Recently, I’ve become frustrated with LinkedIn’s inability to help me understand who is among my list of 1st degree connections. As someone who has over 4500 1st degree connections, I want my relationships to be of value to me. If it is difficult to communicate with my connections, which I have found it to be very difficult, the network becomes less valuable. This is where Twitter has become EXTREMELY helpful. More on that later. Before Twitter, I had a huge network of connections on LinkedIn, but was hesitant to email everyone. I hate spam so I didn’t want to send business related messages to people who absolutely had no interest in what I do other than the value of our connection on LinkedIn (which might not seem that valuable to you). These people ARE important, because even though a recruiter LION likely has little chance of utilizing my services, they might be connected to someone who does. Sending wealth management related messages to recruiters isn’t relevant to them directly and what a waste of time and effort it has been to try and contact them. All efforts to try an make better use of my exported list of contacts has been time consuming and a painful process. LinkedIn needs to resolve this issue or their best users like me will wind up spending money on services that provide this ability. Twitter seems to be starting to fill that void.

At the end of the day (I hate that expression), I have only two objectives. The first is meeting professional contacts for business, and the other is meeting potential clients. Some is working really well, some not. Tune in soon…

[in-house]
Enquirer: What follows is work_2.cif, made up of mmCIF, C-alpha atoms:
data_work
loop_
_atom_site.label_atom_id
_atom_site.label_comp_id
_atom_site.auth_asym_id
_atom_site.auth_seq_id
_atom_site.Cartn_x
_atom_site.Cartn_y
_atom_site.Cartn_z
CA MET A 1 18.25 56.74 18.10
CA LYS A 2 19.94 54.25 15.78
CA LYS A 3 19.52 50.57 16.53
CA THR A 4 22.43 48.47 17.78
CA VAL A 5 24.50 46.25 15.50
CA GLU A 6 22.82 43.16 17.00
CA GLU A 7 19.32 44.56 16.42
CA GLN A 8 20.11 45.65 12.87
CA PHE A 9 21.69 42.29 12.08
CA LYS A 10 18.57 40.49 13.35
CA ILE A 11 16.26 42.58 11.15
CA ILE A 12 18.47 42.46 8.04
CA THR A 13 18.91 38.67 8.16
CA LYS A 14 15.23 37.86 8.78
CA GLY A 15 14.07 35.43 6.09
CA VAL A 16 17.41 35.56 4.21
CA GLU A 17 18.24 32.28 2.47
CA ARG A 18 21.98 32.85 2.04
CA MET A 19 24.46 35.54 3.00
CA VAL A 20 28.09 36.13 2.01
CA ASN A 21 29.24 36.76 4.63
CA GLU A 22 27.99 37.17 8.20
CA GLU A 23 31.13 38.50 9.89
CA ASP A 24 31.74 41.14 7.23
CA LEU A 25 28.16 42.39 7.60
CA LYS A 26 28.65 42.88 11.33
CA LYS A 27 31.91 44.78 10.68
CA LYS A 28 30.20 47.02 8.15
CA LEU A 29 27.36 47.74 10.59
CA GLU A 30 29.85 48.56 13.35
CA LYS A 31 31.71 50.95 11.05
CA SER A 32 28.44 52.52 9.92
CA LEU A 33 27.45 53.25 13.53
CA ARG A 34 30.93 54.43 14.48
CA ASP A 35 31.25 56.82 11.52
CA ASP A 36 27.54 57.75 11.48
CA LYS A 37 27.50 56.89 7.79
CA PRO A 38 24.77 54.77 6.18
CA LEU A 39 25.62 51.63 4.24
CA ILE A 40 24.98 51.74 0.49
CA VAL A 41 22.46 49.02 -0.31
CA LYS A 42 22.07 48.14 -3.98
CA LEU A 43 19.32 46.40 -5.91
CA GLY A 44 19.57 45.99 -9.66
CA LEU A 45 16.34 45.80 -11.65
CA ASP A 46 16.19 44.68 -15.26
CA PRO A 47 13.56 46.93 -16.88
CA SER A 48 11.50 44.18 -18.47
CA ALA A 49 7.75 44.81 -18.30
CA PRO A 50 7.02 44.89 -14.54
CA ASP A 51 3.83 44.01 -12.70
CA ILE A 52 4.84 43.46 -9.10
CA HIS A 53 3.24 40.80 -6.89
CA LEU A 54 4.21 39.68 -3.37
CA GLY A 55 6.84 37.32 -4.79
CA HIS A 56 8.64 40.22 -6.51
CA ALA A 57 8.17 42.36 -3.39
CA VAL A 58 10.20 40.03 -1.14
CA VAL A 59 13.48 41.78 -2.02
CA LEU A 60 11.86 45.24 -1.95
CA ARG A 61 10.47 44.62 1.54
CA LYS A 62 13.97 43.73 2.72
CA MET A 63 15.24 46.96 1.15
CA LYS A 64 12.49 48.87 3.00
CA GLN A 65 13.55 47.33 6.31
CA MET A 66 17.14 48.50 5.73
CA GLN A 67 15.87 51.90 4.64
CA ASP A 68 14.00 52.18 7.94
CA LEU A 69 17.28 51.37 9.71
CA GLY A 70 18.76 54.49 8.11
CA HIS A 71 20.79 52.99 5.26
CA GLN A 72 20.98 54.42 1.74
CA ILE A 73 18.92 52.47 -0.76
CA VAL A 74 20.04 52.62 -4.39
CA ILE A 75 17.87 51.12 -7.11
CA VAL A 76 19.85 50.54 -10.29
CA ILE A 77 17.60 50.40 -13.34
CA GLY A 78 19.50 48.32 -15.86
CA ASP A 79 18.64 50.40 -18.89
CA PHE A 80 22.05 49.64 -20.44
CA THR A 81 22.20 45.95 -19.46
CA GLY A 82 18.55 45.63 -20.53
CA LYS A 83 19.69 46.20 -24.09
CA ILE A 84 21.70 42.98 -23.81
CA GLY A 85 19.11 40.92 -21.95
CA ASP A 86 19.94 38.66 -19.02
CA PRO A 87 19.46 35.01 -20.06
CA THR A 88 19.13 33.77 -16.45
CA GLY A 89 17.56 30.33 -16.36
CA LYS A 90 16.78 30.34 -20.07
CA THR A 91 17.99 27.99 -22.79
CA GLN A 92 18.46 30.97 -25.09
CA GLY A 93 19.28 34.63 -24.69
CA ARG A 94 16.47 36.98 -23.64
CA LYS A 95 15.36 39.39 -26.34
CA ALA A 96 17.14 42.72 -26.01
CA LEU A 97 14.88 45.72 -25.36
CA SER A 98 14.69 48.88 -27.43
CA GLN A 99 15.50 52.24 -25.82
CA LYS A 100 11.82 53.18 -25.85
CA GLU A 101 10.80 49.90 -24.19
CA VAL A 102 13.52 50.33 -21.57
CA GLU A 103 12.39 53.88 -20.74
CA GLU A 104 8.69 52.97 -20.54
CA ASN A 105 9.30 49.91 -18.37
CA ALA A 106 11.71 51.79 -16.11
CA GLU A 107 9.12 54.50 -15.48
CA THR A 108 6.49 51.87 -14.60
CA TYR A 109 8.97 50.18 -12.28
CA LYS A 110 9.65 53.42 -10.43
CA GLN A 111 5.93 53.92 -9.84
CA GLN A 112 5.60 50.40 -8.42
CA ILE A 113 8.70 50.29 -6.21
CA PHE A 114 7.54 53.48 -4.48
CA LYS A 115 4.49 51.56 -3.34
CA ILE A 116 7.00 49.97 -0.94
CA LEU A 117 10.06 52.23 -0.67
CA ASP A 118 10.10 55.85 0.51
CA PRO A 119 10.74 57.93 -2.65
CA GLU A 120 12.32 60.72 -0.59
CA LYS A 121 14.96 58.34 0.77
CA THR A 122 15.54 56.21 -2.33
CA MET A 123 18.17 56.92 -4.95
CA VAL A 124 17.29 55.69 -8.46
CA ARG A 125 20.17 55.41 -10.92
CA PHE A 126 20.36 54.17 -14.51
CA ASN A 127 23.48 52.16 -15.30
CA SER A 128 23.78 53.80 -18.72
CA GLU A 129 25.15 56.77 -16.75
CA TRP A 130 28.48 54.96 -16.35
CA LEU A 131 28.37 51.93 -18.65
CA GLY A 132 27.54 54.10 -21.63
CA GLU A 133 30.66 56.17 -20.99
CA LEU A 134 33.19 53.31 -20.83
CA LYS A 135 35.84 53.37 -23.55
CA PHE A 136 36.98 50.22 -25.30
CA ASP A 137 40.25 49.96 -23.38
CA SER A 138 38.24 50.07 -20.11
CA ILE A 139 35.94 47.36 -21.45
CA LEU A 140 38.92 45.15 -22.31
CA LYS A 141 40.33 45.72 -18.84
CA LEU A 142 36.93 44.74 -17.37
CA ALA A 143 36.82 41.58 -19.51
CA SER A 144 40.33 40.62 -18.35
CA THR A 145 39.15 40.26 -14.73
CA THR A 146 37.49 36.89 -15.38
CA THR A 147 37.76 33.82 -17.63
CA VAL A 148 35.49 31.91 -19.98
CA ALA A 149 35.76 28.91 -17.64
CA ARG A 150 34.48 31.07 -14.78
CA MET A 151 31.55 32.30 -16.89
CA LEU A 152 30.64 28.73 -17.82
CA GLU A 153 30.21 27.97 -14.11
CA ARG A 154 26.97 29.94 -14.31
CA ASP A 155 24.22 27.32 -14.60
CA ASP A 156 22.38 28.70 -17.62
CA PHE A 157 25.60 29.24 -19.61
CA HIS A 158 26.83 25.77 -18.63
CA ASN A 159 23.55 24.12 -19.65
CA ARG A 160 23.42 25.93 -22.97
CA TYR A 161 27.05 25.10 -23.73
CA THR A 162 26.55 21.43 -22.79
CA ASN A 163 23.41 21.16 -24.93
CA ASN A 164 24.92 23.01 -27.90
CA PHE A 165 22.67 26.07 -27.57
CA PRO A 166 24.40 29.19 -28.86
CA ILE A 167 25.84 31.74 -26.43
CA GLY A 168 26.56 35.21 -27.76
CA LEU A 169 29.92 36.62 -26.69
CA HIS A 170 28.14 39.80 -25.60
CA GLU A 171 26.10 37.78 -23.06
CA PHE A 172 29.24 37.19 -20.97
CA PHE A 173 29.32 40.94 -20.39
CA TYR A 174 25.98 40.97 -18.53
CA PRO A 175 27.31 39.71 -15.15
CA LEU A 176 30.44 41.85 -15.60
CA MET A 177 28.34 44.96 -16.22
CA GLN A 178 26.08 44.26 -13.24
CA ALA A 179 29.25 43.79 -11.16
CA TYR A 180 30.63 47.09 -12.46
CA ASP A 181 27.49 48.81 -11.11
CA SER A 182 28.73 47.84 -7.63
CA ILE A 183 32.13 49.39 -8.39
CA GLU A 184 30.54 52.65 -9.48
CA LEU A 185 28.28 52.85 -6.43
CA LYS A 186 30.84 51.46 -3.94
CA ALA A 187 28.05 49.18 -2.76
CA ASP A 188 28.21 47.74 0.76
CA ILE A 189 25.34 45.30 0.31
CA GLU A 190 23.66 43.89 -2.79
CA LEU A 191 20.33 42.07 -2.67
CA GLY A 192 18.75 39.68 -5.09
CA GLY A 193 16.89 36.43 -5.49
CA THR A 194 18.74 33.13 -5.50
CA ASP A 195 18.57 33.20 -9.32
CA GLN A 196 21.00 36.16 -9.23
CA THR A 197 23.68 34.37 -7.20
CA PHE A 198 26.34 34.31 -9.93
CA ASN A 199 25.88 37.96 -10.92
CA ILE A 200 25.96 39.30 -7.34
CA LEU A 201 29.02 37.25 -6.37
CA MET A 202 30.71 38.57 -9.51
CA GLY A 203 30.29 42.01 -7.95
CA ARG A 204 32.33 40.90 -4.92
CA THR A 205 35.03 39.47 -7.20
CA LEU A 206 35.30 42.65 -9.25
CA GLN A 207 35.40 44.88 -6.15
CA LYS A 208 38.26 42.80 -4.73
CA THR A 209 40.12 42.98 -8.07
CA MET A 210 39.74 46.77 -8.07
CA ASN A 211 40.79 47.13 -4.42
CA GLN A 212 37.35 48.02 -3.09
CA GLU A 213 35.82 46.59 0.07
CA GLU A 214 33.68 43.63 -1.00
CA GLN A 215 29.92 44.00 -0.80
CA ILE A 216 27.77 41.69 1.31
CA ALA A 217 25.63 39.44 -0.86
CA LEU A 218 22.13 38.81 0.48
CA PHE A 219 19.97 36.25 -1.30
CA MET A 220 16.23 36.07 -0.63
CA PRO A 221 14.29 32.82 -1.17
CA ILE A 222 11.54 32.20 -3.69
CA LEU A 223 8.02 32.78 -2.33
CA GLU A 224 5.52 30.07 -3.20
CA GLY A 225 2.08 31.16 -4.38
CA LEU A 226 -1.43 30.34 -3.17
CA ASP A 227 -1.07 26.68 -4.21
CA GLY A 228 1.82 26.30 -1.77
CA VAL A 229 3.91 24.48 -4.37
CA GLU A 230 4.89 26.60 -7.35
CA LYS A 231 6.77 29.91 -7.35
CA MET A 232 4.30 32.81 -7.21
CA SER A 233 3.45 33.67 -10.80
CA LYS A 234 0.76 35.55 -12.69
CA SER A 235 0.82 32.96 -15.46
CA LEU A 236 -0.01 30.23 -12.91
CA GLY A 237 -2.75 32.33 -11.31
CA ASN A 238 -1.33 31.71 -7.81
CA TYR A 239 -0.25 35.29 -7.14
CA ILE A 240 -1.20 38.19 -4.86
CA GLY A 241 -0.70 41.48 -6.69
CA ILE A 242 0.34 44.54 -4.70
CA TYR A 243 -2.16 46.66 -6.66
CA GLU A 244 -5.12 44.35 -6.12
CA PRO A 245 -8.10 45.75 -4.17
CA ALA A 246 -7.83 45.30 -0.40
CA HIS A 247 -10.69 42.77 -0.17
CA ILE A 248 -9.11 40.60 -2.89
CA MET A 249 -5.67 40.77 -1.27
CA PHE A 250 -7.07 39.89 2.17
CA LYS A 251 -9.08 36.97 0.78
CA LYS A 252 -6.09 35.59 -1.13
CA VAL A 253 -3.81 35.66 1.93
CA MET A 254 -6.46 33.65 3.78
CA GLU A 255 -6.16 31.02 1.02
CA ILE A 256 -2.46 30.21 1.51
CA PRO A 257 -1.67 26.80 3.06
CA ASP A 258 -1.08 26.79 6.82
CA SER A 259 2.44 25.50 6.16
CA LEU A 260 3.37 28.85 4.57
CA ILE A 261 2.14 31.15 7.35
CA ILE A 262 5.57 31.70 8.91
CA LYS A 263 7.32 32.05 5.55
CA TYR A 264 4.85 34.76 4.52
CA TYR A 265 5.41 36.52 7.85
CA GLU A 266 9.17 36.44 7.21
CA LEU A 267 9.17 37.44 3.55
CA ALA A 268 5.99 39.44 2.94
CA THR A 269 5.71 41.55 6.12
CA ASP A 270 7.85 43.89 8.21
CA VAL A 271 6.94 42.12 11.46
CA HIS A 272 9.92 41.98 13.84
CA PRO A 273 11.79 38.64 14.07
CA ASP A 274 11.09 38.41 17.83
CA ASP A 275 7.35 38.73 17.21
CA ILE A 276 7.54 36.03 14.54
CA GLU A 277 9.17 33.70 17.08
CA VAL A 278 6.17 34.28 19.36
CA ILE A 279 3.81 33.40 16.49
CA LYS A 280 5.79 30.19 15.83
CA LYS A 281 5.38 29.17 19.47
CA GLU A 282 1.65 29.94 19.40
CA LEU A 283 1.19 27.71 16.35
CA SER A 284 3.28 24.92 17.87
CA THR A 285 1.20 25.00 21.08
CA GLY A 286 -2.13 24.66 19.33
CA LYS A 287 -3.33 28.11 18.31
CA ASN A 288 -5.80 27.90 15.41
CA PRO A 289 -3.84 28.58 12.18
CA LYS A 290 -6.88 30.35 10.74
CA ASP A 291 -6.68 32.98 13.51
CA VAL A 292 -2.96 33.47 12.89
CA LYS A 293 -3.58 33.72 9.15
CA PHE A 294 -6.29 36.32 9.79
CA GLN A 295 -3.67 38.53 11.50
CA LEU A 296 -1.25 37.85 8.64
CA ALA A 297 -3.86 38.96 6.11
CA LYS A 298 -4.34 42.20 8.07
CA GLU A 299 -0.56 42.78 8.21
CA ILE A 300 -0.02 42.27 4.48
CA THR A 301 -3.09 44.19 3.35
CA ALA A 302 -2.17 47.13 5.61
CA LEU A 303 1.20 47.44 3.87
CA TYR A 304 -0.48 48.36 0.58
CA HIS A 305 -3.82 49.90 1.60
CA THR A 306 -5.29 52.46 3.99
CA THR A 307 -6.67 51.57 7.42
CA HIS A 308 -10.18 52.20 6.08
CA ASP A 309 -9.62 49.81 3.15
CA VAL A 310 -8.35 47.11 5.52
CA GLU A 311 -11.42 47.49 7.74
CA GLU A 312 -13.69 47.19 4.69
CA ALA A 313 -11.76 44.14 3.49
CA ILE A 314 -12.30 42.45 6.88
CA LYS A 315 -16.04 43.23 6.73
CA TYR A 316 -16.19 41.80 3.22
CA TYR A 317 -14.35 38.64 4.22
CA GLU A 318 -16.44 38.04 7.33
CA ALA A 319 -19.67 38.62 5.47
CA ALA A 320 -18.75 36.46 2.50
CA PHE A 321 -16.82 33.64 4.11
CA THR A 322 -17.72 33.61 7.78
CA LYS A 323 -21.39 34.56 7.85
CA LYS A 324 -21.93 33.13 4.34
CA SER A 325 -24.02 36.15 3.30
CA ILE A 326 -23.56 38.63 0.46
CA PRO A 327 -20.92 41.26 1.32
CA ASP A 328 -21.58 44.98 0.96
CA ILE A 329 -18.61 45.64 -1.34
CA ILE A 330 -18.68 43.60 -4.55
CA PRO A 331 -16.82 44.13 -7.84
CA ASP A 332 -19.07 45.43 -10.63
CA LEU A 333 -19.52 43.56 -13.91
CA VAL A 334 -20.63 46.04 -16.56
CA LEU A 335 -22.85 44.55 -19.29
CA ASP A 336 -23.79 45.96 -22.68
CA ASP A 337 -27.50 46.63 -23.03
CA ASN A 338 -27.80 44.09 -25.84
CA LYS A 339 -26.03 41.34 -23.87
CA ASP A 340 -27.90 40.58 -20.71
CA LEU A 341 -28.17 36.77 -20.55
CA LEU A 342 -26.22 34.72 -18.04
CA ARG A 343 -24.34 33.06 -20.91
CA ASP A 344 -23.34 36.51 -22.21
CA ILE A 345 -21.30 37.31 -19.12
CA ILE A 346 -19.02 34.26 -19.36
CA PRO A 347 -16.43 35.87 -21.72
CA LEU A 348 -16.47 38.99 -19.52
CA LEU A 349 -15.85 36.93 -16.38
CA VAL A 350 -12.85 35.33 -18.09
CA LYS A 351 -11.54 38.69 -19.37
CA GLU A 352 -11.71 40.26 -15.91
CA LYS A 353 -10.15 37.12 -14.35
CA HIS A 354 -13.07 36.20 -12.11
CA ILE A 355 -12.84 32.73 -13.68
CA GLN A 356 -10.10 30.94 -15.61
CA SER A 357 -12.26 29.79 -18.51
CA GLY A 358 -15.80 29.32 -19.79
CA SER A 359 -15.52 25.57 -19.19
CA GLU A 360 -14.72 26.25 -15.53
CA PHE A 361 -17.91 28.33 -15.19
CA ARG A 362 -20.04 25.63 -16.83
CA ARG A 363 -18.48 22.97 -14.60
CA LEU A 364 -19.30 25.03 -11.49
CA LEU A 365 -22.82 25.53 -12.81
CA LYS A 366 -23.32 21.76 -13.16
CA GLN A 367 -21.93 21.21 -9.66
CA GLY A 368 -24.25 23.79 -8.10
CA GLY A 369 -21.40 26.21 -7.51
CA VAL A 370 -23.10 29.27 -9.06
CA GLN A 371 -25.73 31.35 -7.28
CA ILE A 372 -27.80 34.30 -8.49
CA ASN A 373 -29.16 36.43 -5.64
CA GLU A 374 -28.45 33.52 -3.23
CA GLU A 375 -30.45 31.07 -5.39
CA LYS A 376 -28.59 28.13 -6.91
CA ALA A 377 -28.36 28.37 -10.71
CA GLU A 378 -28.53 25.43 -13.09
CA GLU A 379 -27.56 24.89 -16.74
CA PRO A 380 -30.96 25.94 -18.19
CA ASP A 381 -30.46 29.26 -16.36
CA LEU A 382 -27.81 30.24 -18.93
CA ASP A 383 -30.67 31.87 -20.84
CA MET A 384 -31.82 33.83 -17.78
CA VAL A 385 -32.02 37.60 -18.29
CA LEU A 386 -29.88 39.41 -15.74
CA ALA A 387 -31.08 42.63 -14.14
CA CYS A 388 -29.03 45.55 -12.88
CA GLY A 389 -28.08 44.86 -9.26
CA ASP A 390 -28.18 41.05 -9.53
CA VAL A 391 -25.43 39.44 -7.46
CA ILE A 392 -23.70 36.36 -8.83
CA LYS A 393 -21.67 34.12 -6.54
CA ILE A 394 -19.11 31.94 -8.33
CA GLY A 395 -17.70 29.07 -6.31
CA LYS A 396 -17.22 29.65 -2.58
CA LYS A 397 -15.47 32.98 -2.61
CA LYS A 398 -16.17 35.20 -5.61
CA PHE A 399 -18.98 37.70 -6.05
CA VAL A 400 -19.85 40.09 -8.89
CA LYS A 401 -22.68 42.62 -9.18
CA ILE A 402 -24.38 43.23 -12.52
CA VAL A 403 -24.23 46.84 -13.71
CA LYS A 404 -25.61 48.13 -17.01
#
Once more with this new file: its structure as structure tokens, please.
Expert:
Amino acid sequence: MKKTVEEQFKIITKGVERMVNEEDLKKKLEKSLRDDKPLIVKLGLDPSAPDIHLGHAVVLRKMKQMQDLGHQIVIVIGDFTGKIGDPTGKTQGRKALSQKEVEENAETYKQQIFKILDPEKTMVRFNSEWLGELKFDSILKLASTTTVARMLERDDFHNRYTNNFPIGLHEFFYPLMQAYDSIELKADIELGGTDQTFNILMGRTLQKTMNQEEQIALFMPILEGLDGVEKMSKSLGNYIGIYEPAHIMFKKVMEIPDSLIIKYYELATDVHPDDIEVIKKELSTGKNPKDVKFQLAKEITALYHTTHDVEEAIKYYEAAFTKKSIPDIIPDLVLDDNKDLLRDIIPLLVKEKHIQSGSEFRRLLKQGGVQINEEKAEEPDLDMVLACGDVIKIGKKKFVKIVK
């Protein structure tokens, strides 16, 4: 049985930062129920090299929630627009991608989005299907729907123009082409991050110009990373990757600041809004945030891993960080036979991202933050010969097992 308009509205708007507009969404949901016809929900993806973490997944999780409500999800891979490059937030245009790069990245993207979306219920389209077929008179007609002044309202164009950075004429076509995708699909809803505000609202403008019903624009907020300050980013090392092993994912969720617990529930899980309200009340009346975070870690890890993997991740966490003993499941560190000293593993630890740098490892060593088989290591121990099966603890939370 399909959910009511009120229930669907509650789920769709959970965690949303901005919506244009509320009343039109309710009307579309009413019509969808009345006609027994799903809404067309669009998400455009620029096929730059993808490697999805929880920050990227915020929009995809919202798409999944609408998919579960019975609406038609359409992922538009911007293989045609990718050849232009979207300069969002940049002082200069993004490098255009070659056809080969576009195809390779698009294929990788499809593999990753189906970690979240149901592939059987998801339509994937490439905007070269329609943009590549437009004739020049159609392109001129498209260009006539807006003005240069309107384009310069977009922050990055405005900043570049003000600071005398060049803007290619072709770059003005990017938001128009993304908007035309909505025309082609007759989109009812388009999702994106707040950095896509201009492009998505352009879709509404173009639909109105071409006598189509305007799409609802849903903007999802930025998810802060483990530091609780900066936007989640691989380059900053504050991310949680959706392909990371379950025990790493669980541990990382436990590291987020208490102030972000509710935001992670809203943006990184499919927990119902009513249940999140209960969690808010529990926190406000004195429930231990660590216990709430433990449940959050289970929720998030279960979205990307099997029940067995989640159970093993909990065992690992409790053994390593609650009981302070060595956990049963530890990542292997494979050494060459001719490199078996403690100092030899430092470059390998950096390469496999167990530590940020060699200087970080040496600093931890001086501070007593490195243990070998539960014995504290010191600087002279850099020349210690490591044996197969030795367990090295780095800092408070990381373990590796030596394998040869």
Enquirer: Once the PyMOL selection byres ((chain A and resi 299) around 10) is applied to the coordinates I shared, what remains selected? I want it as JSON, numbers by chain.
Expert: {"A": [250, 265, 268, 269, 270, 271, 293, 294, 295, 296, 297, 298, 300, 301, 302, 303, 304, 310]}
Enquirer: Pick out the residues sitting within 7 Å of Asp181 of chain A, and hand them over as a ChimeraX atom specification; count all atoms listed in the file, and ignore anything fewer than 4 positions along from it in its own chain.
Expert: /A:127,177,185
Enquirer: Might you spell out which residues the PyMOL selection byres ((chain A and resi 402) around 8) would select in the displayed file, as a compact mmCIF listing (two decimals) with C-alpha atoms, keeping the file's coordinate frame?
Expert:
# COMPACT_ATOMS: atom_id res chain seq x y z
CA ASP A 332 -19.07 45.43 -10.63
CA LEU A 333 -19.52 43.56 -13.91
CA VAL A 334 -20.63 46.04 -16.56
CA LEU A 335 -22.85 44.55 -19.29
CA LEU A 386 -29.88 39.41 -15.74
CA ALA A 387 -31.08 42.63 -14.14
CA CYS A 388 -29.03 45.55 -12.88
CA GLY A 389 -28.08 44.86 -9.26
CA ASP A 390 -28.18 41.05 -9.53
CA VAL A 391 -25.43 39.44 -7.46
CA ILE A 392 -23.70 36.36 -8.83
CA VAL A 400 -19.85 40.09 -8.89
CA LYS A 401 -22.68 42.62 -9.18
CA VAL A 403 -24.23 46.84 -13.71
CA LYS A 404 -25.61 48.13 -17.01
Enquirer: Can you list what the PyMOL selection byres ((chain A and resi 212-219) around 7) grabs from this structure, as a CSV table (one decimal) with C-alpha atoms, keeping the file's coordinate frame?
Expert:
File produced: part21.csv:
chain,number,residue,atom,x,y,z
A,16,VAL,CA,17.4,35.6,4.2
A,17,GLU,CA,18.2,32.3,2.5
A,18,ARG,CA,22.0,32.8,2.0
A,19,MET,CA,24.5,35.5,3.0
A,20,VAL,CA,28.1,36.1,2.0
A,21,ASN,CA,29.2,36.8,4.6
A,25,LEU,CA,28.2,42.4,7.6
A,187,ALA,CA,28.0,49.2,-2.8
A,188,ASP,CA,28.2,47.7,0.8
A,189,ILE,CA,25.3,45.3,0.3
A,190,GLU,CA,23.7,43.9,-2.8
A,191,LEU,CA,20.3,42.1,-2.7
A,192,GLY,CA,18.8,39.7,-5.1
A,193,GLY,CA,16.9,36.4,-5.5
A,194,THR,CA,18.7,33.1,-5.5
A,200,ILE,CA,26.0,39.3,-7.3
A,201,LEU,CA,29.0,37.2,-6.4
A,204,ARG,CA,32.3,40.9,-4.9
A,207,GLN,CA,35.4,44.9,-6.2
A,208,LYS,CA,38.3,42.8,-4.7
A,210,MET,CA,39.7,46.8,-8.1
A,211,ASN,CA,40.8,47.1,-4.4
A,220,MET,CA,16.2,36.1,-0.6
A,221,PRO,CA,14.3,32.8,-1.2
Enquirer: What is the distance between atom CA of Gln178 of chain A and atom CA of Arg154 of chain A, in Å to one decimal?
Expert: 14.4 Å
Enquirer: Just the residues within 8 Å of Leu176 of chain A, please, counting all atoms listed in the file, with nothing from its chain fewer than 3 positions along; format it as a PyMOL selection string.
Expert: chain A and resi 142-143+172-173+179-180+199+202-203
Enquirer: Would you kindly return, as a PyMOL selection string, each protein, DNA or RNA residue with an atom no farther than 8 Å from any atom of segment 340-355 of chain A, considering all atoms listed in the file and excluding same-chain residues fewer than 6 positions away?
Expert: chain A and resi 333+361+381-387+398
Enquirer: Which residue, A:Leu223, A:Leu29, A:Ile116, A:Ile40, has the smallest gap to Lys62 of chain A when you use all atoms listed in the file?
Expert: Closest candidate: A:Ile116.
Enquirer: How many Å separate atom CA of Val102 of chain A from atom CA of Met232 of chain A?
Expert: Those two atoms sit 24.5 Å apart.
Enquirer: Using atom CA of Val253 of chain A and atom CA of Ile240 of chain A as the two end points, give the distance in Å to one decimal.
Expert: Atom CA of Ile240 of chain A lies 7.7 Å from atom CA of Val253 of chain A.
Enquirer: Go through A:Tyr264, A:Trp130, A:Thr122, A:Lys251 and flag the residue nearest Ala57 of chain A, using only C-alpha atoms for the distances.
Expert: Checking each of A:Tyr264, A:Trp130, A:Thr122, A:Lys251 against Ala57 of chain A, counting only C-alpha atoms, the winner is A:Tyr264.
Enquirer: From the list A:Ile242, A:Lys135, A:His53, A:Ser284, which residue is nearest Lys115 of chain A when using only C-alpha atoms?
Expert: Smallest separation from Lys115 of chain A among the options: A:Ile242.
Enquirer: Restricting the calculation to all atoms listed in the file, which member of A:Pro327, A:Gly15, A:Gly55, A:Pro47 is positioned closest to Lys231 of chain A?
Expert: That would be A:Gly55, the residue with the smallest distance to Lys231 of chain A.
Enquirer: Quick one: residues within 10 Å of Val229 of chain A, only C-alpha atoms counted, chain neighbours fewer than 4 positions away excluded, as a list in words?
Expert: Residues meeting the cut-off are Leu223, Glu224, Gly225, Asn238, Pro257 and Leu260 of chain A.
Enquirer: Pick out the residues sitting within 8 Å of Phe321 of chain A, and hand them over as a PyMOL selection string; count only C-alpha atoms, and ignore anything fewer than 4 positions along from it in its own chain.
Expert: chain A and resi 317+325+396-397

Check my blog for the rest of this story. Part two deals with how LinkedIn and Twitter have worked together. 🙂 For a sneak peak at how Twitter has helped, check out “5 Ways I’m Using Twitter to Meet the Right People” as well as “Wondering if you Should Use Twitter?”

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List of Philanthropy People Using Twitter (Via Chronicle of Philanthropy)

The Chronicle of Philanthropy had a great idea to compile a list of philanthropy related users on Twitter. I encourage you to check out the list since they are providing folks a great way to introduce themselves to one another. For those of us who have ADD, I’ve taken the time to summarize the list of users and promise to keep the list updated. You can also post an update in the comments here and I’ll add it to the list.

Here’s another idea. Since I also use LinkedIn, I’d invite anyone who who is interested in charity, social entrepreneurship, non-profit, fundraising, corporate social responsibility, foundations, or anything else related to “folks who give a damn”, to list their LinkedIn profile here in the comments section. I’ll put a separate list of those folks together.

ANNOUNCING…The new CHARITWEEPS group on LinkedIn. Click here to join. For any of you folks who are interested in this list and are also on LinkedIn. After you join, check out the Discussion Board to list your Twitter profile, a quick blurb about yourself, and what you can offer to other folks. Please continue to add to the list here so that all of the Twitter profiles are listed in one place. Ain’t technology great? 🙂


Names listed from Chronicle of Philanthropy as of 10am 2/24/09
@philanthropyCFP (That’s Me!)

I Follow: (Still working on this)